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Jail is permanently enjoined from blocking books, magazines

Virginia Lawyer Weekly, April 15, 2020.

A prisoners’ rights group whose First Amendment rights were violated by a jail policy that allowed inmates to receive only preapproved books, and prohibited them from receiving magazines, is entitled to a permanent injunction governing the delivery of publications and a process to appeal denials.


In this suit by a prisoners’ rights organization against a jail authority and its superintendent under 42 U.S.C. § 1983, This court previously held that the Southwest Virginia Regional Jail Authority had violated the First Amendment rights of the Human Rights Defense Center, or HRDC, by prohibiting inmates from receiving books except those preapproved by the jail authority and prohibiting inmates from receiving any magazines.

This court further held that the jail authority and Superintendent Stephen Clear had violated HRDC’s due process rights under the 14th Amendment by rejecting or confiscating HRDC’s mailings to prisoners without providing adequate notice of the reason for the rejection and an opportunity for HRDC to appeal the decision.

Earlier in the case, the court had entered a preliminary injunction, which remains in effect. Following the entry of summary judgment, the parties agreed to an amount of compensatory damages, and the plaintiff renewed its request for a permanent injunction.


First, “it is well established that the loss of First Amendment freedoms, for even minimal periods of time, unquestionably constitutes irreparable injury.” Second, “monetary damages are inadequate to compensate for the loss of First Amendment freedoms.”

Third, the record reveals no indication that the proposed injunction would result in any hardship to the defendants, who have already been complying with a similar preliminary injunction for more than a year and a half. Likewise, there is no evidence showing any significant burden or safety issue related to delivery of magazines since the entry of the preliminary injunction. Finally the defendants have not offered any evidence to show that the proposed injunction is likely to adversely affect any interest of the public.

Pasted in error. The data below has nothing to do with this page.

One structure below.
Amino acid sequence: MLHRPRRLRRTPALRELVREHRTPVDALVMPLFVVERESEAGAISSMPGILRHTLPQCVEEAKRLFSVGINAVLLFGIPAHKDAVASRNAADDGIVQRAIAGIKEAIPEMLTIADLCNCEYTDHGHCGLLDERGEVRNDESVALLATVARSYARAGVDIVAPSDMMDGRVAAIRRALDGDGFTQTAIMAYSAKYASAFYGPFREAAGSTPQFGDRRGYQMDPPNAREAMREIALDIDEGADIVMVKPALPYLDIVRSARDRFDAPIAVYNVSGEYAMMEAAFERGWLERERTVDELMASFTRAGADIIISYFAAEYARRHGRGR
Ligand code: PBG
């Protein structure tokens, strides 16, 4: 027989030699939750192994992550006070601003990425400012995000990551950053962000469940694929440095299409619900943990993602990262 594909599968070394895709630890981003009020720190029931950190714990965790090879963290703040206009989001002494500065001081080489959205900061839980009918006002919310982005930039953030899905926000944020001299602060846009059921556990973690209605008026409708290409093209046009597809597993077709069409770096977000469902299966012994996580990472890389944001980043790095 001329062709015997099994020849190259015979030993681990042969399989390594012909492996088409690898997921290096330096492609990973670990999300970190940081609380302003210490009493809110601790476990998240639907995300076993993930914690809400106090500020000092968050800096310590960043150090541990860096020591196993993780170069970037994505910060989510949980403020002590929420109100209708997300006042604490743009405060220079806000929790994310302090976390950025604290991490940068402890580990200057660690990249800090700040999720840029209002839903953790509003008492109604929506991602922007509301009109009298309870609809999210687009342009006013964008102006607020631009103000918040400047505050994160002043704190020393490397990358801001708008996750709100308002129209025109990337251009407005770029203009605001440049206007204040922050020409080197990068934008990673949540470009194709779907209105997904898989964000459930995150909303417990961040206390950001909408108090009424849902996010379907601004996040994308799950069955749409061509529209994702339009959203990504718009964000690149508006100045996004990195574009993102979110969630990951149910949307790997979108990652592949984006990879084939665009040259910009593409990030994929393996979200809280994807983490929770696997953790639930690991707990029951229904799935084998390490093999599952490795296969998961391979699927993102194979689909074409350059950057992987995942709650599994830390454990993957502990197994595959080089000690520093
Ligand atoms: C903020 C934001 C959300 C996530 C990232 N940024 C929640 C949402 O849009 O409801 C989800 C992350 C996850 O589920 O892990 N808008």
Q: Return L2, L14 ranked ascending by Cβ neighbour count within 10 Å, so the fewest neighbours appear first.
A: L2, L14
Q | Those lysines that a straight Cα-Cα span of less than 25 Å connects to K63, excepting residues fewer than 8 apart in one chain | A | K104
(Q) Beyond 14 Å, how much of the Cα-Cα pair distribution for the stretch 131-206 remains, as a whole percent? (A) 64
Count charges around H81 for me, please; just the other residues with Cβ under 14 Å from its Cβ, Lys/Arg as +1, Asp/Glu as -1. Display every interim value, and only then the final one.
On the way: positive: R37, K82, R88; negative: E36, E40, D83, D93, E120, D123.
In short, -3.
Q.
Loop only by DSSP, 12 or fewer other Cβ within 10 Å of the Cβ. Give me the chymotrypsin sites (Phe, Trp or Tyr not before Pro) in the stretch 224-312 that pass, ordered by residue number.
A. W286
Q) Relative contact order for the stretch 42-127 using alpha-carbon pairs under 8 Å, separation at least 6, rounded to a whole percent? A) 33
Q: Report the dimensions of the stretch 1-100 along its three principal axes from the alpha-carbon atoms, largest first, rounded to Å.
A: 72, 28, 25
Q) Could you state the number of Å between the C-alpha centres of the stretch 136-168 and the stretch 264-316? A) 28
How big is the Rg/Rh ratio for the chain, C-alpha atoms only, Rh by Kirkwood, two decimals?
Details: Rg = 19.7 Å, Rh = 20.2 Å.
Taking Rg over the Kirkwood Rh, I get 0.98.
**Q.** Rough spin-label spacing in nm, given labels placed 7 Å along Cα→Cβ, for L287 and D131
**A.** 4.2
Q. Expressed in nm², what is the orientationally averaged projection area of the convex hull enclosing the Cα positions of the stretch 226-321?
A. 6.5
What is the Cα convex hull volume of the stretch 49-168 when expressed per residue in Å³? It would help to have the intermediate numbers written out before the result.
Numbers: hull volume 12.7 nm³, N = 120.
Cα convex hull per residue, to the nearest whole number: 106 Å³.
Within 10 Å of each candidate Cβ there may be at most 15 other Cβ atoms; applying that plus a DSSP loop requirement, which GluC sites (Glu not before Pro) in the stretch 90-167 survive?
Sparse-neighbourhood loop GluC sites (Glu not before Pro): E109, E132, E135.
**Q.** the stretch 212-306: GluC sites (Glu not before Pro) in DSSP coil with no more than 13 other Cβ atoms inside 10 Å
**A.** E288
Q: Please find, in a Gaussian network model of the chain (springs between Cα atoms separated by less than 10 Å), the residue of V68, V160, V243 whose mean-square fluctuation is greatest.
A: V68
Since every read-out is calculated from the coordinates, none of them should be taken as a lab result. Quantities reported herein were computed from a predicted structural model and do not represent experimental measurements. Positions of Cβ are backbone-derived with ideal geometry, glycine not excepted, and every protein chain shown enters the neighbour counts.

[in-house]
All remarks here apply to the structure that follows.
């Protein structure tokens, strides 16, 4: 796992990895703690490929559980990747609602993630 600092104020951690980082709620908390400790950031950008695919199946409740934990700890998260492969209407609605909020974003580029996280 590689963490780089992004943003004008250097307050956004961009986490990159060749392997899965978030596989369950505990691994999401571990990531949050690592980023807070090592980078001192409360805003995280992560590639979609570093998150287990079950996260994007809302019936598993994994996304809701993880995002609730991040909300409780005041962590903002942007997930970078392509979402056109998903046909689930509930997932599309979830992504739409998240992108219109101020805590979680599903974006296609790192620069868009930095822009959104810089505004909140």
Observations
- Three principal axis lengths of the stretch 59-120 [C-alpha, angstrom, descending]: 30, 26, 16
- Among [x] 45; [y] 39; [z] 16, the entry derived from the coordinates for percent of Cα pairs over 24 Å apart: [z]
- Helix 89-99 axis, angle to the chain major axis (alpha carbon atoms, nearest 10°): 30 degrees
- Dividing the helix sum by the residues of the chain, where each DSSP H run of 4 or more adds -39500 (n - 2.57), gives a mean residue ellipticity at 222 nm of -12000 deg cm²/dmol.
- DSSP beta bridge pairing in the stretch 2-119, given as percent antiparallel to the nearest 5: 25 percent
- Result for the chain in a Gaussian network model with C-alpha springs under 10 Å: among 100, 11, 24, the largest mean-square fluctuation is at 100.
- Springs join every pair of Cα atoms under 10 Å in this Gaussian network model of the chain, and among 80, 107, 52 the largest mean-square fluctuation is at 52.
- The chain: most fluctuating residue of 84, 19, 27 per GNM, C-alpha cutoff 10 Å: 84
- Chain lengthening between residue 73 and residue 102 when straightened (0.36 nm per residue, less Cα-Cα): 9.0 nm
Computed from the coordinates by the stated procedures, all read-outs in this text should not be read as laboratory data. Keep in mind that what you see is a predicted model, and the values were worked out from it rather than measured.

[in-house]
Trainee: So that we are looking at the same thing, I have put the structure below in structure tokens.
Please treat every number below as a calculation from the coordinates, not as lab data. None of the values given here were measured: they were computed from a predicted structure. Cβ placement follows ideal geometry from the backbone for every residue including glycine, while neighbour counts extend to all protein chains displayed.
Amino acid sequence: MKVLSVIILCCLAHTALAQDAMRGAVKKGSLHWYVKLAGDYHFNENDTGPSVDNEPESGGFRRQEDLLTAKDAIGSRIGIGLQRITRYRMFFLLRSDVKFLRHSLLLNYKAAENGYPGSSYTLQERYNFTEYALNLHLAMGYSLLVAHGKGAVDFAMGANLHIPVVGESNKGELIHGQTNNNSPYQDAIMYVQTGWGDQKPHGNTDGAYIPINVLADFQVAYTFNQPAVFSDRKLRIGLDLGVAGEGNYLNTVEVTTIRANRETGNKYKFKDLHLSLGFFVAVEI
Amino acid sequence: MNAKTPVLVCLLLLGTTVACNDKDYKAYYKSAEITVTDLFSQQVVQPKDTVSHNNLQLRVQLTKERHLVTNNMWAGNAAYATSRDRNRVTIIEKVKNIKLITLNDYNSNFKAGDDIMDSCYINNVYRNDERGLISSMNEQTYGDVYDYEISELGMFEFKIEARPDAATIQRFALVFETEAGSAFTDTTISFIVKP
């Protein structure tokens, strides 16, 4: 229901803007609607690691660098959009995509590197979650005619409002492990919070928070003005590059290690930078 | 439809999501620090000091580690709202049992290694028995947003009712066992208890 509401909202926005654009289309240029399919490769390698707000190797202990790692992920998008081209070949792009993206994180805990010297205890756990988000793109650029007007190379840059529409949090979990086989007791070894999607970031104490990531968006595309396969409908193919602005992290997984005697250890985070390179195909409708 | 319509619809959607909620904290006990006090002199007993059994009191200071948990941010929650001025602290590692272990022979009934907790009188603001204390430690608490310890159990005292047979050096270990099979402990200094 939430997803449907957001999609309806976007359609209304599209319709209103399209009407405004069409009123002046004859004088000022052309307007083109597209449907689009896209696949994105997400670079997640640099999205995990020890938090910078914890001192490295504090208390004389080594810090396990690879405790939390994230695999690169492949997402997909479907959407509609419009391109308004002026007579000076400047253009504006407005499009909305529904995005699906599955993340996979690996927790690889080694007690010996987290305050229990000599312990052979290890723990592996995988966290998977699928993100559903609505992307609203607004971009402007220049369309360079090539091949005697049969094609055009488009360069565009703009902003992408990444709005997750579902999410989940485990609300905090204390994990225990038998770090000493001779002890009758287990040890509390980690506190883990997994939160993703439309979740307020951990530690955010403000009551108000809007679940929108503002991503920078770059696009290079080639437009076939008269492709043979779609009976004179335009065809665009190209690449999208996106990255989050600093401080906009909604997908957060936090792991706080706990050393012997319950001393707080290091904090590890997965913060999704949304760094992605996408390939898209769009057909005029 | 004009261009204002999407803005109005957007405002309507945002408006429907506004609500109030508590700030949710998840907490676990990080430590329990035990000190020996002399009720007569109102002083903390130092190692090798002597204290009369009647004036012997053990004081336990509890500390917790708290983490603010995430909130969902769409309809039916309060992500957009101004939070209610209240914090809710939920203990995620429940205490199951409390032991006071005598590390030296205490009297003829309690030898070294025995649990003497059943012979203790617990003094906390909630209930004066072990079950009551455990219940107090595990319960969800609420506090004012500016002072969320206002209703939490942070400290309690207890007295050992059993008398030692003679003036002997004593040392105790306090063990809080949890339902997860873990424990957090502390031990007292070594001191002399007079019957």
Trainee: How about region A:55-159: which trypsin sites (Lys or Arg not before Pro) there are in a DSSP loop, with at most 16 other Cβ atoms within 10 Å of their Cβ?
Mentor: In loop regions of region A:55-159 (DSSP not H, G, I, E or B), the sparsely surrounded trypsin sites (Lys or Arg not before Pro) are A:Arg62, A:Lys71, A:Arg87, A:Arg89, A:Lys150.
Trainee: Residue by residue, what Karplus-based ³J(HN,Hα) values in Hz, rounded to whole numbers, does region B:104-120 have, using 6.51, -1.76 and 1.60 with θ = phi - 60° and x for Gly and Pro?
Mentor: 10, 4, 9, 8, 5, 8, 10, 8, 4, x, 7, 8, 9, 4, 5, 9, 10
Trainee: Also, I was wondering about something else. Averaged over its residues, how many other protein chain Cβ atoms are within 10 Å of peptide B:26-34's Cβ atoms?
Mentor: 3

The defendants appear to argue that their voluntary change in policy moots any need for an injunction. In order for the defendants’ voluntary cessation to moot the request for an injunction, the defendants would have to show that “it is absolutely clear the allegedly wrongful behavior could not reasonably be expected to recur.”

The court finds the defendants’ arguments unpersuasive, primarily because the anticipated policy and procedural changes have not yet been implemented. Moreover, even if they are implemented in short order, the defendants retain the right to change them at any time. The expected changes described by Clear thus do not provide adequate protection of HRDC’s rights at the present time.

The defendants also assert that the $1,500 in compensatory damages to which they have agreed, along with an as-yet-undetermined award of attorneys’ fees and costs in this case and the prospect of future litigation costs, provide adequate deterrence to prevent them from infringing HRDC’s rights in the same way in the future. Of this, too, the court is unpersuaded. While these litigation-related expenses surely do provide some deterrent effect, the court finds that a clear directive is needed to ensure that HRDC’s rights are not violated again in the future.

The defendants argue that the requested relief is overly broad and insufficiently specific, essentially directing them to follow the law. The court disagrees.

The defendants also complain that HRDC’s proposed injunction “places an undue burden on jail officials to determine when a sender ‘receives’ notice of a rejection.” That concern can be remedied by starting the appeal period on the date the jail authority sends the confiscation notice and extending the length of the appeal period beyond 14 calendar days to account for potential delays in mail delivery.

Finally, the defendants argue that the proposed injunction does not comply with the Prison Litigation Reform Act, or PLRA. Because this suit was not brought by a prisoner, but rather by HRDC to vindicate its own constitutional rights, any injunction entered is not required to comply with the PLRA. Even if the PLRA did apply here, the court says that it would find that the injunction to be entered does satisfy its requirements, as it is no broader than necessary to prevent the further violation of HRDC’s constitutional rights.

Plaintiff’s motion for a permanent injunction granted.

Human Rights Defense Center v. Southwest Virginia Regional Jail Authority, Case No. 18-cv-00013, March 25, 2020. WDVA at Abingdon (Jones). VLW 020-3-169. 11 pp.

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